The drift ice started a strange phenomenon around a lake in the northern part of the Netherlands. Currently, the free floating ice is being pushed into piles and stacks of broken ice mountains along the shores of the Ijsselmeer.
|Father and son, Jaco and Jan Engelsma standing on top of the Hindeloopen drift ice.|
Video: What is 'kruiend ijs' or drift ice?
On a very sunny Sunday, February 19, after news stories about the ice piled up on the lakeshores, the Dutch people traveled by car, bike and on foot to the banks and dikes of the lake to get a closer look and even climb the ice mountains.
Ain't No Mountain High Enough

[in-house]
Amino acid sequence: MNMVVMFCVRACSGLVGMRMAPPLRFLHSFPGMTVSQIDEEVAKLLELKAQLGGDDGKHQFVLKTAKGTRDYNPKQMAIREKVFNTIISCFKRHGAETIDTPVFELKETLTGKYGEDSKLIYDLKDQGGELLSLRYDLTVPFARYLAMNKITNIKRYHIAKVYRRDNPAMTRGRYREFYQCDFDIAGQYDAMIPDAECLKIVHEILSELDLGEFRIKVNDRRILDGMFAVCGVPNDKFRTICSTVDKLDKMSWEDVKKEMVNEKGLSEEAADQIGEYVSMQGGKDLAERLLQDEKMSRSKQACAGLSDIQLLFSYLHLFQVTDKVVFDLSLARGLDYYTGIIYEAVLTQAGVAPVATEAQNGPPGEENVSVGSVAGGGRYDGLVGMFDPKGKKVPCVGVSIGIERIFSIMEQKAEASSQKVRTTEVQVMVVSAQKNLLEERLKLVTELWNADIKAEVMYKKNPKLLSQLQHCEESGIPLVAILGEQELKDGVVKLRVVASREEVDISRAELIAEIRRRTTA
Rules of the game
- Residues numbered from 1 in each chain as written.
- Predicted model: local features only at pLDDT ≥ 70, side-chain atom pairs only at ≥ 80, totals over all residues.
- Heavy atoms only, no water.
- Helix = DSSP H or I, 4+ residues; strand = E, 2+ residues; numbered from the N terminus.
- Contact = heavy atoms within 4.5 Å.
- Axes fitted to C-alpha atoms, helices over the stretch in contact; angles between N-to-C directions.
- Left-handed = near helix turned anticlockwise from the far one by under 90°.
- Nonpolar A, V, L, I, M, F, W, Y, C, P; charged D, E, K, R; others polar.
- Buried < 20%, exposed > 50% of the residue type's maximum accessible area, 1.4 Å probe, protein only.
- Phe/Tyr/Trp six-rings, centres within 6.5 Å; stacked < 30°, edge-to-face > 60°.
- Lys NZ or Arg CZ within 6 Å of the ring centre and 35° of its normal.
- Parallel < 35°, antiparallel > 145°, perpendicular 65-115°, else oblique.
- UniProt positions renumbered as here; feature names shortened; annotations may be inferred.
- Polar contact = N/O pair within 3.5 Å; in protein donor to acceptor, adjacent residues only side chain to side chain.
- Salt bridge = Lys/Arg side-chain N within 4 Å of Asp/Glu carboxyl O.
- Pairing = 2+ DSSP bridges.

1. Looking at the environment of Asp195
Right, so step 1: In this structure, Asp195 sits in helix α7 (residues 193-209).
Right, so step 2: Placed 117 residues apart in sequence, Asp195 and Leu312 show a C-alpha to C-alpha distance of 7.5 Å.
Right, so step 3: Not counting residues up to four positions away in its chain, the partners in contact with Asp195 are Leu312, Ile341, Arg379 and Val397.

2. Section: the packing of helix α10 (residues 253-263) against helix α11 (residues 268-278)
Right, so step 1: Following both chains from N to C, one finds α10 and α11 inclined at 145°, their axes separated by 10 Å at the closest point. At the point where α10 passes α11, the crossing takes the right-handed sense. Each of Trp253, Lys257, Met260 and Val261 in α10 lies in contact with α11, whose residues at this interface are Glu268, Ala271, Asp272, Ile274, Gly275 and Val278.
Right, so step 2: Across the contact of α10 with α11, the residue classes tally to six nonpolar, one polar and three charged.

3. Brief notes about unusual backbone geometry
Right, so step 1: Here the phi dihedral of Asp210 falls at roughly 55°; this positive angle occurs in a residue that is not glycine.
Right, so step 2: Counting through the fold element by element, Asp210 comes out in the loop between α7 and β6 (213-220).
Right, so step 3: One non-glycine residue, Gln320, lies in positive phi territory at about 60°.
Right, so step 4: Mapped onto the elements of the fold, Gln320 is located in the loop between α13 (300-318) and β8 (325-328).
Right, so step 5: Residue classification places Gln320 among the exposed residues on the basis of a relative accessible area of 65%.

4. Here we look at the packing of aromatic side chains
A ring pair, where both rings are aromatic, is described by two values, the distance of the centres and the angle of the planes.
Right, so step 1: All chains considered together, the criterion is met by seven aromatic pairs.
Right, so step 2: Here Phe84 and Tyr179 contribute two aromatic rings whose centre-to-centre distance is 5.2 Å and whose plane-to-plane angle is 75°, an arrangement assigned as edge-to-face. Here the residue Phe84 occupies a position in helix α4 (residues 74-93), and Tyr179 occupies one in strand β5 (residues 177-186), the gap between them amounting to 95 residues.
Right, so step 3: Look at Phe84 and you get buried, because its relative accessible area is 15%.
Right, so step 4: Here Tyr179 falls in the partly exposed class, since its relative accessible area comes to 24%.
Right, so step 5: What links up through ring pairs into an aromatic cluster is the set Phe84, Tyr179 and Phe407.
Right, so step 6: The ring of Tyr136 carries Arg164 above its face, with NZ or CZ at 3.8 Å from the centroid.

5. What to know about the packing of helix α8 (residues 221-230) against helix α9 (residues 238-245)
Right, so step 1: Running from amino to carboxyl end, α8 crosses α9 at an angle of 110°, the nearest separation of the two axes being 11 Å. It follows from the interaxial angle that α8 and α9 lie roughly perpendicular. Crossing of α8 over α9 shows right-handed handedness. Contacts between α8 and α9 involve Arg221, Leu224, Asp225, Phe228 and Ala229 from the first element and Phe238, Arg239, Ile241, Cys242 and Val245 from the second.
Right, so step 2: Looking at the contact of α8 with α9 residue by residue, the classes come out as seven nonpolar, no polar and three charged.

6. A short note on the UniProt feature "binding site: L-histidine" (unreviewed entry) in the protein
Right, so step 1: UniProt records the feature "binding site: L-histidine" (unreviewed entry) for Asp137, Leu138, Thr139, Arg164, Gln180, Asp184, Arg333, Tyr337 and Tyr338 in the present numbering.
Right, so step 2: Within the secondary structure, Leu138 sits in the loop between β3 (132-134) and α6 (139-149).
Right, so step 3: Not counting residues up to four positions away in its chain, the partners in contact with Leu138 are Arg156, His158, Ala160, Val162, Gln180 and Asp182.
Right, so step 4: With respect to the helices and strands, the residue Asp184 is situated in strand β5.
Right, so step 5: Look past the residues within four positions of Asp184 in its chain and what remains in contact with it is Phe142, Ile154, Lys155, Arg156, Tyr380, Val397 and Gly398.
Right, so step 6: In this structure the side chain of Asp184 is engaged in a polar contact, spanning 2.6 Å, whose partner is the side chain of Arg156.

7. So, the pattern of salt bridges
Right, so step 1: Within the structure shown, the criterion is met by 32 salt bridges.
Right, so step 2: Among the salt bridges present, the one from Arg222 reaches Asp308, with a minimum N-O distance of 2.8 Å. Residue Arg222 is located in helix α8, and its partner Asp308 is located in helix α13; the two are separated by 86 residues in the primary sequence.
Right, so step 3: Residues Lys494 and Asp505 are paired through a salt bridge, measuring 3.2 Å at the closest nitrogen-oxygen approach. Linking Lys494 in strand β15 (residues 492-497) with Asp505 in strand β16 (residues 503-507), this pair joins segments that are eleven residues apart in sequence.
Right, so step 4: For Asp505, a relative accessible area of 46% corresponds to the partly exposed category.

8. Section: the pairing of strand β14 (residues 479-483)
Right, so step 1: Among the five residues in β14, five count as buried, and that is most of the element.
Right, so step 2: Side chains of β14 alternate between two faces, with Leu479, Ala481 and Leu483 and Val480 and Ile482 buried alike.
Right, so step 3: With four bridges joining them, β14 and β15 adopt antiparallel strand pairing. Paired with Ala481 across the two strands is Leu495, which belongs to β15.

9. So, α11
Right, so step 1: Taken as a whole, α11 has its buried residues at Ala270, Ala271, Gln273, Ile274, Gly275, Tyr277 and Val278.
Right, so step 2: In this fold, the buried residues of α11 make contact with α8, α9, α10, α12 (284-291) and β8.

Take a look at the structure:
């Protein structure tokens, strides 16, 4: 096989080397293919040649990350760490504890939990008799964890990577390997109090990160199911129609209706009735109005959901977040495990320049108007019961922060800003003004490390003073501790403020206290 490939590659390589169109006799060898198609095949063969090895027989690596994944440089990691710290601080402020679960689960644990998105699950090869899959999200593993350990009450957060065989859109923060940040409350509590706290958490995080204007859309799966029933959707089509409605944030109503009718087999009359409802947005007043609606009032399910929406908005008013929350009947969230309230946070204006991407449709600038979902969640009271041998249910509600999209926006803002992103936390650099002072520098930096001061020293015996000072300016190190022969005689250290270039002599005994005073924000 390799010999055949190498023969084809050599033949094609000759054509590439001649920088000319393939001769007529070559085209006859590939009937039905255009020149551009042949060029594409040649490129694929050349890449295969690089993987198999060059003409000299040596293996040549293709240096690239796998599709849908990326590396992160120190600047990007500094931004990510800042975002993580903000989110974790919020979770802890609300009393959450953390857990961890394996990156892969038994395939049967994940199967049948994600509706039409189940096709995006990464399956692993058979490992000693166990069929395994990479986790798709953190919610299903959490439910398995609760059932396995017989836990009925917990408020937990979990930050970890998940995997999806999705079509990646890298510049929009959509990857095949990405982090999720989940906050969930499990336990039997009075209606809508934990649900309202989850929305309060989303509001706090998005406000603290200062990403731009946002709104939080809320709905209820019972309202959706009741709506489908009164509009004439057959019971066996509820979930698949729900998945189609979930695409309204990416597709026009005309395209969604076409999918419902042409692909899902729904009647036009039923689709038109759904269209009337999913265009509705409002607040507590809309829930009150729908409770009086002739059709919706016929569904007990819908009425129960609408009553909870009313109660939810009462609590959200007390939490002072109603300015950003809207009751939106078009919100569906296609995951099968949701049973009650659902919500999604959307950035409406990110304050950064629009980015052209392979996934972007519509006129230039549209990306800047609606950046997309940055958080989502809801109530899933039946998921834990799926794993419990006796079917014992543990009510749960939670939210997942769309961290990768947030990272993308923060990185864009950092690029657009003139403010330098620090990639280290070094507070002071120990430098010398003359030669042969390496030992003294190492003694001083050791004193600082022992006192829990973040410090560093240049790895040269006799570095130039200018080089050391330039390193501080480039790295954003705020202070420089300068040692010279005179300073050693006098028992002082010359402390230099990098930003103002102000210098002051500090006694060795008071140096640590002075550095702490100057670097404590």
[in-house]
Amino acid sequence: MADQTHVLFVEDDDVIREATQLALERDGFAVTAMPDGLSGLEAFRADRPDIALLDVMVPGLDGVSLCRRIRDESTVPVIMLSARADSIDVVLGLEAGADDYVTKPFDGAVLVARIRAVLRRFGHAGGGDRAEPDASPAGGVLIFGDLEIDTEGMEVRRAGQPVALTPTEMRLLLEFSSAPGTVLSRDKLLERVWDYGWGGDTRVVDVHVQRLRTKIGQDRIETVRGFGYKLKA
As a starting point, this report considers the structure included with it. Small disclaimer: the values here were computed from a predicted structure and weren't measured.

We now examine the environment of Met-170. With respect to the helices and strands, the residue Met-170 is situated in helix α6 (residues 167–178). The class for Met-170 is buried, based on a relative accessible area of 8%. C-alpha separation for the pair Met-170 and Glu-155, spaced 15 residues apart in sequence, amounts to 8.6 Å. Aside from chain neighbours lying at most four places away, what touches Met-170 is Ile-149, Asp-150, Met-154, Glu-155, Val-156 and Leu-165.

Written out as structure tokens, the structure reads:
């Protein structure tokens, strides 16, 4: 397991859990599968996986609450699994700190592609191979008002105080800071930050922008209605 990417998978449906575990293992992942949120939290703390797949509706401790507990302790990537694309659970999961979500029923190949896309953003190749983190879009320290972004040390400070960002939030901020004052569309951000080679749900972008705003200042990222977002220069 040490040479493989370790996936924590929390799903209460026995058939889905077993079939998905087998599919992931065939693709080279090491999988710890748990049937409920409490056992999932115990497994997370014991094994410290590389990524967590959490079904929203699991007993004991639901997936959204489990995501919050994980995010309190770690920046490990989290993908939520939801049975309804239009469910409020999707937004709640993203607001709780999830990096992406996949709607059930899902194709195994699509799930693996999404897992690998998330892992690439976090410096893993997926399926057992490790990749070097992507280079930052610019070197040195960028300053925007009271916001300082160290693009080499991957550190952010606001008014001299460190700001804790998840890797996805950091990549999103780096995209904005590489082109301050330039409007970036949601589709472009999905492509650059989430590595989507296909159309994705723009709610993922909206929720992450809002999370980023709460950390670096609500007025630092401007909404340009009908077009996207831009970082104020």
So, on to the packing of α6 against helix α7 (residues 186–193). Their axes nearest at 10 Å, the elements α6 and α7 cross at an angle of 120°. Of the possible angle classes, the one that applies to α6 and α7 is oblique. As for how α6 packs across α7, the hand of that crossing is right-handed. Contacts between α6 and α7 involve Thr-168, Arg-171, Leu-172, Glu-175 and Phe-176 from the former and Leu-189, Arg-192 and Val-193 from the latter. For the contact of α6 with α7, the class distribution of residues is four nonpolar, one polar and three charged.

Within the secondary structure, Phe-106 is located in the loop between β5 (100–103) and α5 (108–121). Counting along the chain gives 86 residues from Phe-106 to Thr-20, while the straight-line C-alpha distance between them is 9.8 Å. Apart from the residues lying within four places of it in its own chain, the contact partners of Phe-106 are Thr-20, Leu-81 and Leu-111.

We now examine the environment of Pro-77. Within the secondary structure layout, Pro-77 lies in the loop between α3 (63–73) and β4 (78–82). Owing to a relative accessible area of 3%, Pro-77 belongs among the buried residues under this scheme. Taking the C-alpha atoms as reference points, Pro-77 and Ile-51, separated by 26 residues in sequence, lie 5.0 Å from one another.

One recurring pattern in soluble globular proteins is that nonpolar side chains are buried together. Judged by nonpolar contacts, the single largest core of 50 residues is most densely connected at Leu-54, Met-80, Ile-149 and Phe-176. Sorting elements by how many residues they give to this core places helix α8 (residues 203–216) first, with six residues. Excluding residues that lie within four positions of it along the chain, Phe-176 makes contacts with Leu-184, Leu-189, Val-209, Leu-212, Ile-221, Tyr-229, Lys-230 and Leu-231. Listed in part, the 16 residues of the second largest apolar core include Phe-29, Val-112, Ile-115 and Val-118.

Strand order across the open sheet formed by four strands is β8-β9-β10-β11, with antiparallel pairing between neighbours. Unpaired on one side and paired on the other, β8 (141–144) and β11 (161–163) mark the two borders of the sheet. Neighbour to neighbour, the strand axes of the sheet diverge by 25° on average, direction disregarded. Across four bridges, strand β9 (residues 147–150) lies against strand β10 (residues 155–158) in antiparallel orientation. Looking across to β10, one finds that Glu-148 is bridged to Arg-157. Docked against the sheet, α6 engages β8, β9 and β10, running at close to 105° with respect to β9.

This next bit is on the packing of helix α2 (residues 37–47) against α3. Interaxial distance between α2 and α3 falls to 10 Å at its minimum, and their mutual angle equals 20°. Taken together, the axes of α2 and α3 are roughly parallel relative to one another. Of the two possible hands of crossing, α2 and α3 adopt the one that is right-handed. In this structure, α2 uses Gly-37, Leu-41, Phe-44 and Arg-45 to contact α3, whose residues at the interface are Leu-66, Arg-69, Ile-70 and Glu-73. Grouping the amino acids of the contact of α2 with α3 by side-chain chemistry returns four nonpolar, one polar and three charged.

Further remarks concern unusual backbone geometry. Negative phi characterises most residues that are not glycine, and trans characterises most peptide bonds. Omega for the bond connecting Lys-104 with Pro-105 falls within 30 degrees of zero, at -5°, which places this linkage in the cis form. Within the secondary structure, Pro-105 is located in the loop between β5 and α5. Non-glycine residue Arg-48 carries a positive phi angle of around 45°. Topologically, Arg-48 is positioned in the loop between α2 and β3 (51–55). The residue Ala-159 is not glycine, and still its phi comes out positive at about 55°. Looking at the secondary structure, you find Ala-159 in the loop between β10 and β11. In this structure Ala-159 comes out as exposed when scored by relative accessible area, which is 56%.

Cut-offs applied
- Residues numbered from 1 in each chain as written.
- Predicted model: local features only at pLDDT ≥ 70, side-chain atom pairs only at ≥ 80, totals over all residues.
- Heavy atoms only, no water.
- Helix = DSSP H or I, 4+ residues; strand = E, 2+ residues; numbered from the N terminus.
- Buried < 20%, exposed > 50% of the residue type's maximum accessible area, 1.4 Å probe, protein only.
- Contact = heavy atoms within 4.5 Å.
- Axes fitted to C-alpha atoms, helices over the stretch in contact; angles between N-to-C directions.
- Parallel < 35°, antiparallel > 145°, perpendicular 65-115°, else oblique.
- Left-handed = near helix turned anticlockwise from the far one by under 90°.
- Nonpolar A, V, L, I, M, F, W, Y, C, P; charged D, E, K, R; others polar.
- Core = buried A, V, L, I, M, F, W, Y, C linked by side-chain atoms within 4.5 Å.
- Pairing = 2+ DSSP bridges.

To show my Dutch spirit, I too climbed with the help of my sturdy Meindl hiking boots. I'd guess the drift ice was 1 to 1.5 stories high. Not Mount Everest, no oxygen tanks needed, although you can hear me or some older, out of shape person behind me panting in the video. The structure of the ice was similar to ascending and descending a heap of slippery crushed glass. No falls. Tammie 1, Drift Ice 0.
Today, I was a Texan, an American, in the Netherlands, in the Friesland province, climbing in German boots. I didn't have the proper number of flags for my victorious climb.
|Standing triumphantly, frozen, windblown and teeth clenched atop a glassy ice mountain.|
Links to more drift ice pictures:
Kruiend ijs bij Lelystad by nufoto.nl (in Dutch)
Dutch Polar Landscapes Created by Thaw by Radio Netherland Worldwide (in English)